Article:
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The application, review and appeals process for SSDI and SSI claims

Do not walk away from the process if you are denied at the initial application stage – more claims are approved on appeal than at application.

People sometimes shy away from filing legitimate applications for Social Security Disability Insurance (SSDI) or Supplemental Security Income (SSI) with the Social Security Administration (SSA). They may have heard that the process is difficult and takes a long time or that the SSA will deny the claim anyway – that the federal bureaucracy is just too much to fight or the red tape too overwhelming.

Fortunately, while it can be a challenge, there are several opportunities to have your claim reviewed again if you face the denial of your application – and many people get approval on appeal. Involving an attorney can make all the difference in getting it right faster so far as providing the information that the SSA needs to see – that you are eligible from a wage-earning history standpoint and because you are disabled from working according to the federal definition of disability.

In addition, a lawyer can step in and represent you before the agency from the initial application or at any stage of the appeal of a denied claim. There are several opportunities to further develop your record with SSA by submitting new evidence. For example, you might decide after a denied application to make an appointment with a medical specialist for an assessment if you think the diagnosis and medical testing for one of your impairments could be more robust to better support your disability claim. You can still submit that medical evidence at a later stage.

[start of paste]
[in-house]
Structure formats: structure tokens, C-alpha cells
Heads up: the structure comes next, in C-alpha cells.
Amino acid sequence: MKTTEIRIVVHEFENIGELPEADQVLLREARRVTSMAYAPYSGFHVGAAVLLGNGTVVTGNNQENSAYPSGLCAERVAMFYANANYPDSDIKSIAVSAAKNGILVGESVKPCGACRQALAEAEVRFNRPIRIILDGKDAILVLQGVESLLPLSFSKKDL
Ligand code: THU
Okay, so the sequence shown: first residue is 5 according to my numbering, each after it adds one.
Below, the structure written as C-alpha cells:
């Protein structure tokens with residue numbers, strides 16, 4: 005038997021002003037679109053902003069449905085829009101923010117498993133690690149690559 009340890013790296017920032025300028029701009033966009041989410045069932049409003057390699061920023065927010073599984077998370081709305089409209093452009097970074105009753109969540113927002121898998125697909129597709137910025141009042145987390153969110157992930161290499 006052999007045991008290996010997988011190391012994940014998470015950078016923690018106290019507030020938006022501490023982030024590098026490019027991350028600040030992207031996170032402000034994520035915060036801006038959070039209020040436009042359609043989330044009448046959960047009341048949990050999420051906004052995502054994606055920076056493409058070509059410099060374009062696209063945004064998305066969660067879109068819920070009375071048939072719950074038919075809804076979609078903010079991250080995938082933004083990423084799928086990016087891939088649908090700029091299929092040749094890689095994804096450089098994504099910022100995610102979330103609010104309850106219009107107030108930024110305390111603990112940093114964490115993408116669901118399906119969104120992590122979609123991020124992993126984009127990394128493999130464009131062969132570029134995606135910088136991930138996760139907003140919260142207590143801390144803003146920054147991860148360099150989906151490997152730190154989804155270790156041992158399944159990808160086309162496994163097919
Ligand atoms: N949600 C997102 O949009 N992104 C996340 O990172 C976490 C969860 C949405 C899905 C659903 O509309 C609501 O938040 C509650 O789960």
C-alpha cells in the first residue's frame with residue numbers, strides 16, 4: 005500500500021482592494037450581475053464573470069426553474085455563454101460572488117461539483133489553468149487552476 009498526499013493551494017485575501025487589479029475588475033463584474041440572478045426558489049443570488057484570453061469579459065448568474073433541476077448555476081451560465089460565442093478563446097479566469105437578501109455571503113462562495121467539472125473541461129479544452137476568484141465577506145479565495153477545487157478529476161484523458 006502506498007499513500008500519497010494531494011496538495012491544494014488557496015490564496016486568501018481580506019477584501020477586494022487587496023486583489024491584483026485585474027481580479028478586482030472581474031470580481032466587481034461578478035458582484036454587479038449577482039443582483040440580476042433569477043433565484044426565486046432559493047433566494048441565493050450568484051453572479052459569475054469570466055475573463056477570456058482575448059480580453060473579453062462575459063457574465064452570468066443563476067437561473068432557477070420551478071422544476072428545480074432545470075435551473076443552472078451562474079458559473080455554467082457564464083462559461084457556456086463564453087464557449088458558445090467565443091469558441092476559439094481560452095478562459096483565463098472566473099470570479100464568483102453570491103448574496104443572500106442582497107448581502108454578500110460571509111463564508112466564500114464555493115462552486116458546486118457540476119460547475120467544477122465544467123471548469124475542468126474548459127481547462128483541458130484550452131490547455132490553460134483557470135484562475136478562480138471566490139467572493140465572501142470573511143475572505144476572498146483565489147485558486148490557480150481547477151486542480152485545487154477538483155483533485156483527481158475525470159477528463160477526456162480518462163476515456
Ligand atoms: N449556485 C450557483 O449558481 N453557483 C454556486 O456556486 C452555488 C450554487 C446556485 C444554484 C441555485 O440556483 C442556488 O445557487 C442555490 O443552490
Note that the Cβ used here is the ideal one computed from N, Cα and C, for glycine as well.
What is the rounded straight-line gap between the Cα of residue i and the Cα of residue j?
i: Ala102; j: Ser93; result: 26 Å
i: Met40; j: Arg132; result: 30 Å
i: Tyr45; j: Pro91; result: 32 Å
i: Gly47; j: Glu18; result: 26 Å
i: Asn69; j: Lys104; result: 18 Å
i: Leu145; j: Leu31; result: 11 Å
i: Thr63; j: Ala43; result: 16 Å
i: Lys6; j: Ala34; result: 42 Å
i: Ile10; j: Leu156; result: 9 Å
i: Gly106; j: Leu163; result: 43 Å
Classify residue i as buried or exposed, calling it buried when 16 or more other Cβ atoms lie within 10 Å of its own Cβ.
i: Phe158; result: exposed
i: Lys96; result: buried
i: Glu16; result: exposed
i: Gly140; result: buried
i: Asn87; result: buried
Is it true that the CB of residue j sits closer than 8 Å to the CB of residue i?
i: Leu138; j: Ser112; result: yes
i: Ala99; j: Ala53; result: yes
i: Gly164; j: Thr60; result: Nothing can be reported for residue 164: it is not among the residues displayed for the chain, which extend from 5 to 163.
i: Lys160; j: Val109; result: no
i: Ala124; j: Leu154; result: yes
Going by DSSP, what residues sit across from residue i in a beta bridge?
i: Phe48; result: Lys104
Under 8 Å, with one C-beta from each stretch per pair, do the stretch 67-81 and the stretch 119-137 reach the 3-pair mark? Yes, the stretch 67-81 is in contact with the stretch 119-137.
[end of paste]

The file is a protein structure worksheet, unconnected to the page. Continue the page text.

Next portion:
Here are the steps of SSDI and SSI application and appeal:

  1. Initial application
  2. Request for reconsideration of the paper record
  3. Administrative law judge (ALJ) hearing
  4. Appeal to SSA Appeals Council
  5. Federal court appeal to determine if the SSA’s denial was supported by substantial evidence or if the agency made a legal error (potentially three court levels of appeal)

Your application could be approved at any of these steps or sent back to an earlier level for further development or reassessment.

It is true that the amount of paperwork and its detail as well as the number of hoops you must jump through to get to approval can be a significant effort – but experienced legal counsel does it all the time and knows what to do. Legal representation allows the attorney to do the hard work, communicate with the SSA on your behalf, develop the medical evidence and other important information, prepare for and represent you at an administrative hearing, prepare and file a court appeal, keep you informed of the progress and do anything else that comes up along the way, so you can take the time to handle your day-to-day life with a disabling medical condition.